ICE Said to Have Shut Down an Immigrant Hotline After Orange Is the New Black Featured It in an Episode

Protesters march to offices of the U.S. Immigration and Customs Enforcement on July 13, 2019, to call for an end to criminalization, detention and deportation of migrants.
Photo: Nuccio DiNuzzo (Getty)

In what seems to be a case of life imitating art, Donald Trump style, immigration advocates charge the Trump administration deactivated a lawyer hotline set up for detainees—after an episode discussing the hotline aired on Netflix’s Orange Is the New Black.

Freedom for Immigrants, a California advocacy group, says Immigration and Customs Enforcement shut down its hotline for ICE detainees earlier this month shortly after Netflix aired an episode of OINB that made mention of just such a hotline, the Los Angeles Times reports.


Now, the group has presented a cease-and-desist letter to ICE, charging, as the Times explains:

that the termination is a violation of free speech and amounts to retaliation by the government in an attempt to silence one of its prominent critics. Six actors from “Orange Is the New Black” and more than 100 organizations signed a letter to acting ICE Director Matthew Albence demanding that the line be restored.

“Even a freely given benefit such as the pro bono hotline can’t be taken away simply because the government is now unhappy with how we are sharing with the public what we know from our communications with people inside,” Christina Fialho, the group’s co-executive director, told the Times.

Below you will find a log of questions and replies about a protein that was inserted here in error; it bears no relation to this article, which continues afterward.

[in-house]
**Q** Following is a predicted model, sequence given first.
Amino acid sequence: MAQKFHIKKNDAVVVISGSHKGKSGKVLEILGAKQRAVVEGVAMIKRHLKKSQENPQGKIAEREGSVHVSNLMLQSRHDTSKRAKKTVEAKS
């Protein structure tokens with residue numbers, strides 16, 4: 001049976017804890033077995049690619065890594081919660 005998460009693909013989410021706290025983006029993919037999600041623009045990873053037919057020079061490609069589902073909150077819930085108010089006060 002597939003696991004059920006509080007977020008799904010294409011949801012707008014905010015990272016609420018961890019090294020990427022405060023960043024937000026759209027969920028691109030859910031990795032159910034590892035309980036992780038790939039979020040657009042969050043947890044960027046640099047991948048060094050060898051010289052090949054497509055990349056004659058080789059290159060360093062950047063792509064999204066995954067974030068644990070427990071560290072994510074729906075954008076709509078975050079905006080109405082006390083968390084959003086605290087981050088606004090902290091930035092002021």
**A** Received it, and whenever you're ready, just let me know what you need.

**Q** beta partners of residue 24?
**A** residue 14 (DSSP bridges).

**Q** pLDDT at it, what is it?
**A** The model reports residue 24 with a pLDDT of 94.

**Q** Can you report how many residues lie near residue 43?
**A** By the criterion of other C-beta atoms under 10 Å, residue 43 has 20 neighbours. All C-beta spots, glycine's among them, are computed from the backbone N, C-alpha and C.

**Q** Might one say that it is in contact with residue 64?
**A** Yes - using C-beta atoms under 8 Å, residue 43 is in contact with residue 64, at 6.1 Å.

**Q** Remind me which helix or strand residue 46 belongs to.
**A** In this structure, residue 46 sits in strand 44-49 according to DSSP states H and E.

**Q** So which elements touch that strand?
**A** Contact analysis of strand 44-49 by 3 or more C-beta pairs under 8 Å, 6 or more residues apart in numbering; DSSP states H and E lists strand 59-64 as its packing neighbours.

Freedom for Immigrants had offered national toll-free hotlines for ICE detainees since 2013, and said that in some months, it received as many as 14,000 calls. Volunteers connected immigrants to lawyers and helped them with paperwork and with questions about their cases.


Last year, after a different dustup with ICE, the government restricted what had been a national hotline to just certain counties in Florida. Following the airing of the OINB episode, that remaining hotline was shut down earlier this month, according to the Times.

Now, detainees can only reach the group through a regular phone number, which costs the group thousands of dollars to operate, Fialho told the Times.


ICE officials did not respond to a request for comment, but according to the Times

the agency told Freedom for Immigrants that toll-free numbers for pro bono attorneys and organizations must be approved by the Executive Office for Immigration Review, which oversees the immigration courts, every three years and that those no longer appearing on the EOIR list will be removed from the system.


Actress Laura Gomez, who plays a character on Orange Is the New Black who ends up being transferred into ICE custody, says the whole IRL episode with ICE is troubling, telling the Times:

Now we see life mimic art in the most destructive way.

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